I suppose making the snap distance one of the adjustments accessible via the "ADJ" rocker switch would be better than nothing. I still don't know why they changed from the GRD3 and GXR method, which couldn't have been quicker or easier.
The question isn't how to GET TO snap focus, but how to change the snap distance. On the GRD3 and GXR, you held down one rear button and turned the front dial and it would scroll through the snap distances. On the GRD4, you actually had to go into the menus to change the snap distance. The only workaround was using the "MY" custom settings on the mode dial for different distances. HUGE difference if you use snap focus a lot. I use it almost exclusively, just occasionally using auto-focus...
tkbslc: I wonder if this wouldn't have been better as a GXR module. The body is nearly the same.
Its actually a lot smaller than the GXR-28.
So, Richard, the question everyone is dying to know the answer to - or at least half a dozen of us: how do you change snap focus distance? Is it the quick and easy way like the GRD3 and GXR where you hold down one button and turn the front dial? Or is it the horrible way they switched to with the GRD4 where you have to change it in the menus? This is actually pretty critical for those of us who use snap focus a lot. The GRD4 was a total fail in this regard while the previous models were great.
marike6: Same exact size as the RX100, but should have significantly better IQ/high ISO ability and $1100 USD sounds expensive, but it's really only $450 more expensive than the Sony, and well over half the price of the RX1.
28mm is the classical street photography focal length, IMHO. Think Ricoh GRD. There's a reason Ricoh chose 28mm for the legendary GRD, the prototypical street shooter. Many say 35mm is, but shooting in close quarters, Manhattan, Paris or Athens for example, you quickly realize that 35mm and 50mm are not nearly wide enough, especially in the small streets of Europe.
Should be of interest to landscape and architectural photographers because of the high IQ, and lack of AA filter. f2 like the X100 would have been better, but f2.8 on a wide is in no way a deal breaker for me. This camera is significantly smaller than the X100 and smaller than the DP2 Merrill as well.
It's not perfect, but has the potential to be great, and with the VF it sure it pretty.
You mean well UNDER half the price of the RX1?
I agree with you on this camera, BTW. F 2.0 would have been nice, but not with the likely size tradeoff. And if the sensor will handle ISO 6400 and beyond, it'll still do fine in low light...
Looks like better image quality than the Ricoh GXR-28mm module in a package as small as the GRD. And yeah, 28mm is perfect for some of us - 35 is a compromise I can live with but 28 is my sweet spot...
joshxiv: I could live with an external 'dumb' finder on an APS-C camera, if it had controls and snap focus function similar to the Ricoh GRD series; or a useful DOF scale on the lens or on the screen (like the X1 or the Fuji X's) or a focus wheel like the Sigma DP series.
But as it is, an X100 with the 28mm adapter is simply a much better buy. Or wait and see what the GRD V may bring.
It has a pretty decent distance scale on the right side of the screen, clearly seen in this video. No DOF scale, but I don't trust those anyway. And there's a configuration for quick AF while in MF, so it ends up being about as useful as snap focus. Looks like a winner to me. A little over priced, but I'll probably pay the freight...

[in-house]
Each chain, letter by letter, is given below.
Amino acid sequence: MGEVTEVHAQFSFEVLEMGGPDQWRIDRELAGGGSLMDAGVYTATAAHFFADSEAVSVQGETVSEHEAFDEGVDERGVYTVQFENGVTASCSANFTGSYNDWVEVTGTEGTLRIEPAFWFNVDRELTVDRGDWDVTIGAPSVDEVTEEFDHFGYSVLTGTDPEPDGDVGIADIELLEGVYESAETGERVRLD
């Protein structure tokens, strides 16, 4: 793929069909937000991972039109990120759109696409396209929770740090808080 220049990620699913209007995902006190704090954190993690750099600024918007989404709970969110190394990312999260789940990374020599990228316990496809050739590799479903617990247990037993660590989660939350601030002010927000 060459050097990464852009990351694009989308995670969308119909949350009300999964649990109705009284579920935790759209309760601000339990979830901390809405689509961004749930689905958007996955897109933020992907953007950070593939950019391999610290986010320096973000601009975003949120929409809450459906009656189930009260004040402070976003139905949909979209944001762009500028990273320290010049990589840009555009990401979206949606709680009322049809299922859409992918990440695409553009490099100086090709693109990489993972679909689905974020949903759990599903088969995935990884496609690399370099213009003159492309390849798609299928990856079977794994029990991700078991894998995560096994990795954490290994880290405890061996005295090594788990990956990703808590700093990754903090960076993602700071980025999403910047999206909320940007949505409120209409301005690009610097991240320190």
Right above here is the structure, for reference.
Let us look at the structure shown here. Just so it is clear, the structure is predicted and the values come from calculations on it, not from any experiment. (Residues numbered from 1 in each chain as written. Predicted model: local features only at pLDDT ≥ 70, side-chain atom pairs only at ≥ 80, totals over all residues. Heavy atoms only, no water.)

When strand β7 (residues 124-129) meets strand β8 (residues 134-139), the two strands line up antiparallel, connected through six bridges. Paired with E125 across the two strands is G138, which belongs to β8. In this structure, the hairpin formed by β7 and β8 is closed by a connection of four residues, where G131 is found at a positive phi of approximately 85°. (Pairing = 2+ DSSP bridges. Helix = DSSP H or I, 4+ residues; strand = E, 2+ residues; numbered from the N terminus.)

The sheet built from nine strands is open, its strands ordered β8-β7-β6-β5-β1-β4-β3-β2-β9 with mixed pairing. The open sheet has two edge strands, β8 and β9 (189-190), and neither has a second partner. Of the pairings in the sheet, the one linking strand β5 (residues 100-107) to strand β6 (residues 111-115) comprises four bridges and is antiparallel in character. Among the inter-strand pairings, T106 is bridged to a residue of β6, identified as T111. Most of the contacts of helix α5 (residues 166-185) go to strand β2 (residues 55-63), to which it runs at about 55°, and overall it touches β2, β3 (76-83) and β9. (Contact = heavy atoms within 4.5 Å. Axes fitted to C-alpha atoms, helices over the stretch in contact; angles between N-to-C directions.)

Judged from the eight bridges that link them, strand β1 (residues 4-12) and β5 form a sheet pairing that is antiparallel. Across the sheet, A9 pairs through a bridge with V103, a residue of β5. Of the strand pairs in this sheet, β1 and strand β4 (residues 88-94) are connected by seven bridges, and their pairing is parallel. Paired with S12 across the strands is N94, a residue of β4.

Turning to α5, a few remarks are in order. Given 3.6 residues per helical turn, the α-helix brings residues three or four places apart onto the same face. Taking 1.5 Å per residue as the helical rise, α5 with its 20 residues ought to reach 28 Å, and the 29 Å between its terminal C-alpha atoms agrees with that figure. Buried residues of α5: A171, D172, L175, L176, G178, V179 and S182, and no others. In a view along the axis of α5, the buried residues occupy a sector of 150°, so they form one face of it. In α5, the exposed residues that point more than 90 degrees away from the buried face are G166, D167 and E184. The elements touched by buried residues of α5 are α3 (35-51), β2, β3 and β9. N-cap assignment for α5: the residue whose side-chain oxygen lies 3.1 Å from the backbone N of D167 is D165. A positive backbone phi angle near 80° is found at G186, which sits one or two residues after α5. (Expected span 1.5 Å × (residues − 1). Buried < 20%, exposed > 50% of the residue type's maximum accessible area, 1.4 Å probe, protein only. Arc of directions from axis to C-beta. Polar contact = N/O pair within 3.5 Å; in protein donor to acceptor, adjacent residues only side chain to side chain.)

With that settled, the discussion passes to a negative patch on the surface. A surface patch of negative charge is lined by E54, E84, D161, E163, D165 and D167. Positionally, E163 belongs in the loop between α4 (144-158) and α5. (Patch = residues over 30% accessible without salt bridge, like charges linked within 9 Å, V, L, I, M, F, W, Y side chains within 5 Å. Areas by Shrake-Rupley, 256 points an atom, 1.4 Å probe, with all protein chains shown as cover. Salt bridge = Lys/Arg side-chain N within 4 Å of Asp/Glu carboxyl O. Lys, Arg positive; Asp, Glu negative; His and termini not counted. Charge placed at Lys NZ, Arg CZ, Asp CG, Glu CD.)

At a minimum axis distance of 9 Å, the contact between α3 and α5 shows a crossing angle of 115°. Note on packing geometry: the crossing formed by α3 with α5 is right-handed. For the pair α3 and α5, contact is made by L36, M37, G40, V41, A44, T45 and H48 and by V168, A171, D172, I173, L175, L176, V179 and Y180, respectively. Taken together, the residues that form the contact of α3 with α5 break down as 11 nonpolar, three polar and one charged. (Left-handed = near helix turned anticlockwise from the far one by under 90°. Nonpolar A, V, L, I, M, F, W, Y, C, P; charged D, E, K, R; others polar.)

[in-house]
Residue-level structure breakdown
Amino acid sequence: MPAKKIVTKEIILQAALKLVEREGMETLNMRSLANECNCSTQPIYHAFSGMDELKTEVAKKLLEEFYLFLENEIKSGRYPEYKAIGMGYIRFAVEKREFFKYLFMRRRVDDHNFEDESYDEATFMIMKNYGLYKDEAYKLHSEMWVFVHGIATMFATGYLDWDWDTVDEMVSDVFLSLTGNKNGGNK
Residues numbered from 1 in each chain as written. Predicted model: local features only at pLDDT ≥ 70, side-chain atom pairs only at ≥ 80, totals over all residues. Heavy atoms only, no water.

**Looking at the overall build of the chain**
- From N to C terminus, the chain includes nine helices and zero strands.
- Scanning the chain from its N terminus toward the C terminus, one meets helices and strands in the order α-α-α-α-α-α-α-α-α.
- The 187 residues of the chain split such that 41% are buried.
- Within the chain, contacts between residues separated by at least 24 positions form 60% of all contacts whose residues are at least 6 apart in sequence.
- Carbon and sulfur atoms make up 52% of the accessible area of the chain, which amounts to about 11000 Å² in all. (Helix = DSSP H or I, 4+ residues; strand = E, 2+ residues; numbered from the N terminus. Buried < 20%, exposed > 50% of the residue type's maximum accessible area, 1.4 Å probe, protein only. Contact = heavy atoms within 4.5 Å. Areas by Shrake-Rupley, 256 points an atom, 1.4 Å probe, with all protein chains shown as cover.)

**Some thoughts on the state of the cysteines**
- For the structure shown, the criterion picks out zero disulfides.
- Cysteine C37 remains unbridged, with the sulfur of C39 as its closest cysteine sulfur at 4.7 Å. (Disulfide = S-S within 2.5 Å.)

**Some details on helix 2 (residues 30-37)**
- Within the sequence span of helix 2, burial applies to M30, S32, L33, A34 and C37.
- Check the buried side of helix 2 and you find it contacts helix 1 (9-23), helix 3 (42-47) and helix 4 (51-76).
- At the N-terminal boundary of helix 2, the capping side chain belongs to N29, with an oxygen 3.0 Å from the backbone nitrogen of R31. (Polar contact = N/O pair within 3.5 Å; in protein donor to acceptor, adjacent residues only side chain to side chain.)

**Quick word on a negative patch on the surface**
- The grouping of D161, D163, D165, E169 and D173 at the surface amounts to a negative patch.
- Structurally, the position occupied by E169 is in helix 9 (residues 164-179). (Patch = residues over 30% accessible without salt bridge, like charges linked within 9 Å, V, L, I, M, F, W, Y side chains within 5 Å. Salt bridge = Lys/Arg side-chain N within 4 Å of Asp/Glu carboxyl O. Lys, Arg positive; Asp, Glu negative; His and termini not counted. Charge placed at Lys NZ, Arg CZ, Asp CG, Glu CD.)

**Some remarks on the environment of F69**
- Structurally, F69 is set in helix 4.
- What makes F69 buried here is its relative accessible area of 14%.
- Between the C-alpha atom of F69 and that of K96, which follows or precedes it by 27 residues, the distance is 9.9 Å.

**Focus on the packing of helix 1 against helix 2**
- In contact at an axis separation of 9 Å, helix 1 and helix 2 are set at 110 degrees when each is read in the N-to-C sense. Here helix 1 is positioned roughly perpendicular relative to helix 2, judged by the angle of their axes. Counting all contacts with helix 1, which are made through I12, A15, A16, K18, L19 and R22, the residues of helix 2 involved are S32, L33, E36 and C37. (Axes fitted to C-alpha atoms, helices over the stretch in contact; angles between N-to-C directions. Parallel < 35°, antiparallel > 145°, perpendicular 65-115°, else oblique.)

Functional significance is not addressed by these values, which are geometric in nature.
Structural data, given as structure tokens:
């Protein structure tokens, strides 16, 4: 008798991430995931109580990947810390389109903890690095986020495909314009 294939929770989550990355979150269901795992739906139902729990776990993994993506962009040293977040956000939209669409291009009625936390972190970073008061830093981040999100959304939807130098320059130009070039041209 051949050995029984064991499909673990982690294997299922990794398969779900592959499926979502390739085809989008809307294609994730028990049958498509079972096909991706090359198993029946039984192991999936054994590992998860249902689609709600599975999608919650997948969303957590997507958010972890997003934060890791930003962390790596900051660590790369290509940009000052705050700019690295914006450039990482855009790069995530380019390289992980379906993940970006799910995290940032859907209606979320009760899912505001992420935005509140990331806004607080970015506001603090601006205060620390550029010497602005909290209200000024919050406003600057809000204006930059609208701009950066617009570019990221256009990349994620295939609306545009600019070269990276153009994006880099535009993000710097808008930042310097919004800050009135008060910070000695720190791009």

Ray Sachs: I assume there's a distance scale associated with manual focus controls for zone focussing? Seems pretty critical on a camera like this.
I saw a video - it definitely has a reasonably precise distance scale on the right side. No DOF scale, but I rarely trust those anyway. A distance scale is all I need to work with.
I assume there's a distance scale associated with manual focus controls for zone focussing? Seems pretty critical on a camera like this.
fastlass: I have never seen you guys praise a camera's jpegs as with this one. Does this Fuji have the best jpeg output ever? Or in its class?
Well, jpegs are always sort of in the eye of the beholder. But, even with the X100 (which had pretty good raw support from very early), I've always shot jpegs with the Fujis and raw with everything else I've shot with. I just haven't been able to do better with raw and the jpegs are not only very nice, but they're also quite malleable to further processing with stuff like Silver or Color Efex and a fair amount of latitude in Lightroom.
Whether they're the best ever is a matter of opinion, but they're real good!
Ray Sachs: So the X-Pro got the same score but silver a while back. I wonder if there would be any revision to that now that some of the bugs have been worked out through firmware, decent raw support is now available, and more lenses (the zoom and 14mm are now on the menu). It doesn't matter one way or the other, of course, but I'm sort of curious if the good folks at DPR actually find this camera somehow better than its older brother, or maybe give the award due to its lower price???
Got it, but I seem to remember you folks re-examined and maybe re-rated the X100 after many of its early quirks were worked out in firmware. Which made me wonder whether you'd take the same approach with the X-Pro. Doesn't matter obviously, it is what it is today - but a prospective buyer might do a quick comparison and conclude that the XE1 is actually a more functional camera than the X-Pro, which its not. Similarly functional without an OVF and with a flash seems to be the story.
Shawn - understood. Thanks. Sir Seth - true, but it was also sorted on the X-Pro, which is part of what raised the question. It's academic anyway. Two great cameras - pay more for the OVF or pay less without it.